After a company called H-W Technology filed a patent infringement lawsuit against Apple, RIM, Google and 29 other big tech companies in the U.S. District Court for the Northern District of Texas, CNET.com interviewed GPC's Alexander Poltorak for an expert's take on the case ("Apple, RIM, others sued over smartphone patent," April 1, 2011).
Excerpt from article:
According to Alexander Poltorak, CEO and chairman of IP services firm the General Patent Corporation, the case that follows this suit will be "a procedural nightmare for the plaintiff."
"Many companies, I presume, will make a motion to transfer the case on their home jurisdiction. The motion practice will get very expensive very quickly," Poltorak said in an e-mail to CNET. "Later, the plaintiff will have to serve each of these defendants with specific infringement contentions for each of the accused products. That is a lot of work give the number of defendants."
And the buck won't stop there. "The discovery is going to be extraordinarily expensive," Poltorak said. "In such multi-defendant litigation, defendants often enter into a joint defense agreement and present a unified front. The plaintiff in this case may have grabbed a tiger by the tail."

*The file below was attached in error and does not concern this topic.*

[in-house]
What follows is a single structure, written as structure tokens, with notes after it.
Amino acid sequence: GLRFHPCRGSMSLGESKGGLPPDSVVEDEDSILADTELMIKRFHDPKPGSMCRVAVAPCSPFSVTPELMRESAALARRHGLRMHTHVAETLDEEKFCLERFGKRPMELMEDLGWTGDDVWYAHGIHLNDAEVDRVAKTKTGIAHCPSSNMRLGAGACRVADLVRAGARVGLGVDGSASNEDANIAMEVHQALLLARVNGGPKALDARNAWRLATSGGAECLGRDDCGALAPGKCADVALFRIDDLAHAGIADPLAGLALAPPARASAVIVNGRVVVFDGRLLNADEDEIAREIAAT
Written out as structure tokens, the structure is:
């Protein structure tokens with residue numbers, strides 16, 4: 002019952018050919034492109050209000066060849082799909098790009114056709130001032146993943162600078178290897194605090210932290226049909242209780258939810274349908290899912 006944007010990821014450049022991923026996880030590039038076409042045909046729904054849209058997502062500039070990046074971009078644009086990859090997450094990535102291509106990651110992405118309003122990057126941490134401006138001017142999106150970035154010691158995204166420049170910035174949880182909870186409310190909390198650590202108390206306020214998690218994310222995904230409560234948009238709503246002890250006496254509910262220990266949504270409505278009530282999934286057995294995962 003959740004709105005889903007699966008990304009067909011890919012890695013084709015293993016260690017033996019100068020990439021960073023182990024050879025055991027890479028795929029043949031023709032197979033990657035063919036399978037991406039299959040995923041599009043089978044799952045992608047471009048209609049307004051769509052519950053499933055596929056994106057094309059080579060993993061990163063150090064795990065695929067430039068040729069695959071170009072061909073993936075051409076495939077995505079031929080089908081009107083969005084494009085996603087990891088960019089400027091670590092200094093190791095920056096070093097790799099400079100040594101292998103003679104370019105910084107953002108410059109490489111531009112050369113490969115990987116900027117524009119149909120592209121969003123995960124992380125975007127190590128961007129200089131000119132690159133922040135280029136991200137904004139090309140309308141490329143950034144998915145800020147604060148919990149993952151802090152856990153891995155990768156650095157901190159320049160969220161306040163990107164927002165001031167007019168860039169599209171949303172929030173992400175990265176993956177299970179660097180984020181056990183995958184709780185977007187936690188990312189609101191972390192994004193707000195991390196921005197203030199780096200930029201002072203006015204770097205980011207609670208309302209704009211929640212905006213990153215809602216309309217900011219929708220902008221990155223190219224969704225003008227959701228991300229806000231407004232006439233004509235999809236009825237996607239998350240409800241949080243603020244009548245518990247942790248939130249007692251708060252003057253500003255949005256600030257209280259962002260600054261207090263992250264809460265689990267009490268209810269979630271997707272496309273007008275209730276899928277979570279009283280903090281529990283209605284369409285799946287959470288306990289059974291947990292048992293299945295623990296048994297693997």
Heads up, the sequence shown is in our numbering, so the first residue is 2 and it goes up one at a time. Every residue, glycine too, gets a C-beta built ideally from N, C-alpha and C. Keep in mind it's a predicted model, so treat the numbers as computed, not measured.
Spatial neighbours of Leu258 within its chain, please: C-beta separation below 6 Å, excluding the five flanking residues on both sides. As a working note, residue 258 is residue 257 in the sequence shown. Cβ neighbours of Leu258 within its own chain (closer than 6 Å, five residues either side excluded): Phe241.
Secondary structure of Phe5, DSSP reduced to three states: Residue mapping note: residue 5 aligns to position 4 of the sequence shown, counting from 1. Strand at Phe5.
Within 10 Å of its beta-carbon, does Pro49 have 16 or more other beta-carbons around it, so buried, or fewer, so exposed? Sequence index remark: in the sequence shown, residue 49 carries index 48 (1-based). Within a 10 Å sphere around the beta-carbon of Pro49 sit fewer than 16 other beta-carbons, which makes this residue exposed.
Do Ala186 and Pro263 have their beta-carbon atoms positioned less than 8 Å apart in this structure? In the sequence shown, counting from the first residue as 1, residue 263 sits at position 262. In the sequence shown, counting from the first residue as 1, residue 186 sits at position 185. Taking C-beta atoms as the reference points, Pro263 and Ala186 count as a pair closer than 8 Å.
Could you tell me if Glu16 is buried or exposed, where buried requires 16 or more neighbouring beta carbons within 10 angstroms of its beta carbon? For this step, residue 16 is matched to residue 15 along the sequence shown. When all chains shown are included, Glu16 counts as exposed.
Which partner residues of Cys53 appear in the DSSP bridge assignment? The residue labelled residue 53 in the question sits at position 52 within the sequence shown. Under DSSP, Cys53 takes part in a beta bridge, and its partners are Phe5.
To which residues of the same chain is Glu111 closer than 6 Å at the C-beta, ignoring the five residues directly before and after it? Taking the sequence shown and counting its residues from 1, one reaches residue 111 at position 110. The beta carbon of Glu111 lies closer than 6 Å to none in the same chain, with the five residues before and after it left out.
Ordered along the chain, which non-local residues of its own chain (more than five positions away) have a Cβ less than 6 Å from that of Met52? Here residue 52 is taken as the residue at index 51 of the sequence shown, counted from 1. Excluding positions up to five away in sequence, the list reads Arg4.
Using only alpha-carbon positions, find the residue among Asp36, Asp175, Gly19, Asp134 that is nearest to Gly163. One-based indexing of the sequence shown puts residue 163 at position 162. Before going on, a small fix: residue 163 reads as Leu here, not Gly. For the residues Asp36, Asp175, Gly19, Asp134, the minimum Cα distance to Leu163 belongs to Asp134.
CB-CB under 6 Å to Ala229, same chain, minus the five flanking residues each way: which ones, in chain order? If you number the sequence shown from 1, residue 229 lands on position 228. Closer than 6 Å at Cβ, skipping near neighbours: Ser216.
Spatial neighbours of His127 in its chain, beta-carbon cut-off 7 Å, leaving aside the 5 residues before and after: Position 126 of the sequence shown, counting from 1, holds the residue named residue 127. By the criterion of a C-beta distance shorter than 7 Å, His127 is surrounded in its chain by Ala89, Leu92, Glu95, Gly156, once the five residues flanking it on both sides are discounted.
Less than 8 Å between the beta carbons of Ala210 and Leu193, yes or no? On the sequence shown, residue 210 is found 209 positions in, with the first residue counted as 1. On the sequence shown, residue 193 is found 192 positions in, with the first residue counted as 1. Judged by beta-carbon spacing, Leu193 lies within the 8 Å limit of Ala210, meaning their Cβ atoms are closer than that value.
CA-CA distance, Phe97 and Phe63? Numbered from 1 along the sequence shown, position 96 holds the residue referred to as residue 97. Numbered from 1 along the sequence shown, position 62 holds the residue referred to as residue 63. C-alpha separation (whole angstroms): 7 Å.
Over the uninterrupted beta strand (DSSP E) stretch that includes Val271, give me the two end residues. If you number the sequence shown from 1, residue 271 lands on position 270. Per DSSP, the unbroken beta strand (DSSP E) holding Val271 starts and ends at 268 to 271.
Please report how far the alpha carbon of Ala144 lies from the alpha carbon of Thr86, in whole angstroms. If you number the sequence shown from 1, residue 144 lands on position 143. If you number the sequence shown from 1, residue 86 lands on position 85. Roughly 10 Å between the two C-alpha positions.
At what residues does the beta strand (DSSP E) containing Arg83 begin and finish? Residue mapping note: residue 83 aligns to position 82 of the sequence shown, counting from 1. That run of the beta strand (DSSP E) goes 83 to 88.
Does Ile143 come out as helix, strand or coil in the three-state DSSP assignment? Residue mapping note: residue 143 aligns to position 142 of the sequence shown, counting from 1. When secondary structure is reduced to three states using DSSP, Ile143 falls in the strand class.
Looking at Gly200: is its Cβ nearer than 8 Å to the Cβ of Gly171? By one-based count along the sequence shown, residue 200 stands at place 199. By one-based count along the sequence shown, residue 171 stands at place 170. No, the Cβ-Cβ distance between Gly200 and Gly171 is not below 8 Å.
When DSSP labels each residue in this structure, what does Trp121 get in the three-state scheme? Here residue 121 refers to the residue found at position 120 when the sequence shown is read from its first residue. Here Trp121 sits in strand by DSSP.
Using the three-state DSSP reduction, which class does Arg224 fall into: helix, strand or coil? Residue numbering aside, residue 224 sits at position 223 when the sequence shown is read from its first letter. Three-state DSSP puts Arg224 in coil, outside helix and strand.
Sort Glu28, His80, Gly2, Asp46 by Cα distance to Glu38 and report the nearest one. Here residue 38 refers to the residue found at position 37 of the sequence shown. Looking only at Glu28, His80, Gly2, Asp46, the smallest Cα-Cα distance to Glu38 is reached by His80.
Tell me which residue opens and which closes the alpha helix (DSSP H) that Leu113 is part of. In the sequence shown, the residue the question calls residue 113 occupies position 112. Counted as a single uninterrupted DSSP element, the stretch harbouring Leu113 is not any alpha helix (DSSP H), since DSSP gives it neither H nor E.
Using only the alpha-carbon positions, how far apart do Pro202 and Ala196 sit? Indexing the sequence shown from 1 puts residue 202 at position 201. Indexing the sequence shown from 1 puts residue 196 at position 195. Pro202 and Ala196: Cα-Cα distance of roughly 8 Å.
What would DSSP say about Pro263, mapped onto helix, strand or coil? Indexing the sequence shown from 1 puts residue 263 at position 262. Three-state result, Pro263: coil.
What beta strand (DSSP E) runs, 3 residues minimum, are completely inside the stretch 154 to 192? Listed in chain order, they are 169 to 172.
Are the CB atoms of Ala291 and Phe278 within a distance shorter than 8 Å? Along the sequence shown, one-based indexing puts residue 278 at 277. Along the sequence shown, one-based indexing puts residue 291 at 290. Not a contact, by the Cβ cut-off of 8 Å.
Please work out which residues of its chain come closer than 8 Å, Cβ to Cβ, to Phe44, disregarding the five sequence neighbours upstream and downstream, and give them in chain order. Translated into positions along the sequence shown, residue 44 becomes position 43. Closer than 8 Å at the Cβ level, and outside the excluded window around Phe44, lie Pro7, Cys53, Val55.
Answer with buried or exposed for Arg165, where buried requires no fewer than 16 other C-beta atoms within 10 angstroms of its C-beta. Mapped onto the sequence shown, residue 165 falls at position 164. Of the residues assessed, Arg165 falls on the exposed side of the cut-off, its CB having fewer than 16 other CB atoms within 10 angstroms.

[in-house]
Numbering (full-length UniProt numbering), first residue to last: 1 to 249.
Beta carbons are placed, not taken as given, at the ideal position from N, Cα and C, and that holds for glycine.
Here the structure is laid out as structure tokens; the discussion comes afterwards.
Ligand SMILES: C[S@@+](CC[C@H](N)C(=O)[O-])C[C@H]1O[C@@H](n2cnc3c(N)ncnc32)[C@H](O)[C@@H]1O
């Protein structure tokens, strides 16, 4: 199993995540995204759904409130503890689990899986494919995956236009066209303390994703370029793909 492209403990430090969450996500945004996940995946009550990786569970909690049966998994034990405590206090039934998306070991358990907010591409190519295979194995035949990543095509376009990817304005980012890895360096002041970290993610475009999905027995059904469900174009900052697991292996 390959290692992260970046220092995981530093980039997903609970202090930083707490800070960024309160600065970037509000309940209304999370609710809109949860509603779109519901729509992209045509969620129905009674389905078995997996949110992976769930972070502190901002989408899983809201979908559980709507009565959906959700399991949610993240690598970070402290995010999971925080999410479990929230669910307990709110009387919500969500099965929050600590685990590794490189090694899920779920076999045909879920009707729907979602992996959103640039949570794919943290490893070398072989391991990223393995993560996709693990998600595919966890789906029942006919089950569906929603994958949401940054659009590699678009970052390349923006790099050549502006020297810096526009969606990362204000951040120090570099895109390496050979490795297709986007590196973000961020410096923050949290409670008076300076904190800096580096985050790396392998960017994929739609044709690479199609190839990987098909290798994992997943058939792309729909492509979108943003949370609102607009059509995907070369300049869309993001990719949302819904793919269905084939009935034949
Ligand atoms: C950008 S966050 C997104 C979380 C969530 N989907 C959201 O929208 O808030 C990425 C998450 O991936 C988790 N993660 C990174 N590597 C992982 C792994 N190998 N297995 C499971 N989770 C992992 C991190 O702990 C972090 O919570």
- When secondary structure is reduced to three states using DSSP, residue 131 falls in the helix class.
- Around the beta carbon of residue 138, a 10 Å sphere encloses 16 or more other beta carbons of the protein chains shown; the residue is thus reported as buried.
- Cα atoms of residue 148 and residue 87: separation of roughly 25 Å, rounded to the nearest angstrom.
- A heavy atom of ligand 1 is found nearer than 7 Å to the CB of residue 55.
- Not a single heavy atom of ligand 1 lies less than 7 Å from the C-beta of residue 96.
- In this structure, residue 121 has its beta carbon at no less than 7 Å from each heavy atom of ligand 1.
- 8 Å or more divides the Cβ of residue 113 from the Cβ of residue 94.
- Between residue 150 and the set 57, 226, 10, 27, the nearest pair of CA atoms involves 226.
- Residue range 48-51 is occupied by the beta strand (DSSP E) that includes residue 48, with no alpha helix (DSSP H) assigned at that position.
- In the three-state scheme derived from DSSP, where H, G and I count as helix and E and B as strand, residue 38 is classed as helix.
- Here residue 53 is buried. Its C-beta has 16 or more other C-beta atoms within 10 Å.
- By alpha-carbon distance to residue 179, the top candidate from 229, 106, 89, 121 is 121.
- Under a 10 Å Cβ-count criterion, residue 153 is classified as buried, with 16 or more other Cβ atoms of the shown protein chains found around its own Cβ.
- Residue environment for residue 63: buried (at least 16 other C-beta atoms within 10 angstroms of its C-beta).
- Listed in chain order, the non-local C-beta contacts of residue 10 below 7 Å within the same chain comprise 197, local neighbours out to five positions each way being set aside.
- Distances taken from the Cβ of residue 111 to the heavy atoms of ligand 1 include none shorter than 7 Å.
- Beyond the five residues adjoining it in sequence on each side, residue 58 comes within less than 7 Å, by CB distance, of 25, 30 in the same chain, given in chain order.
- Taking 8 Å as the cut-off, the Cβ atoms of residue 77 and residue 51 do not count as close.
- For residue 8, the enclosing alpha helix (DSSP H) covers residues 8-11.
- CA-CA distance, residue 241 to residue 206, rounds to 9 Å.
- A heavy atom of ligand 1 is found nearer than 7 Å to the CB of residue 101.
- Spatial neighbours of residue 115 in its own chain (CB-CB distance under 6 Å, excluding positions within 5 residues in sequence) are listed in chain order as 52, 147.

Even so, Poltorak said that the claim itself is not too broad. What could end up being the big point of interest in all this is where the court comes down on the wording of the patent for what it actually means.
"Of particular interest will be construction of the term 'Internet Protocol Phone' or 'IP Phone,'" said Poltorak. "Typically these terms signify phones that use VoIP rather than a switch network. Cell phones are not usually classified as IP phones."
And by drafting the patent and getting it approved, Poltorak said that the patentee is able to give their own meaning to whatever words are used in the process.
"The patent specifications included in this term any 'Internet Appliance.' It will be interesting to see if the court will construe the term IP Phone to include a cell phone, which is not the ordinary meaning of the term," Poltorak said.
Read full article on CNET.com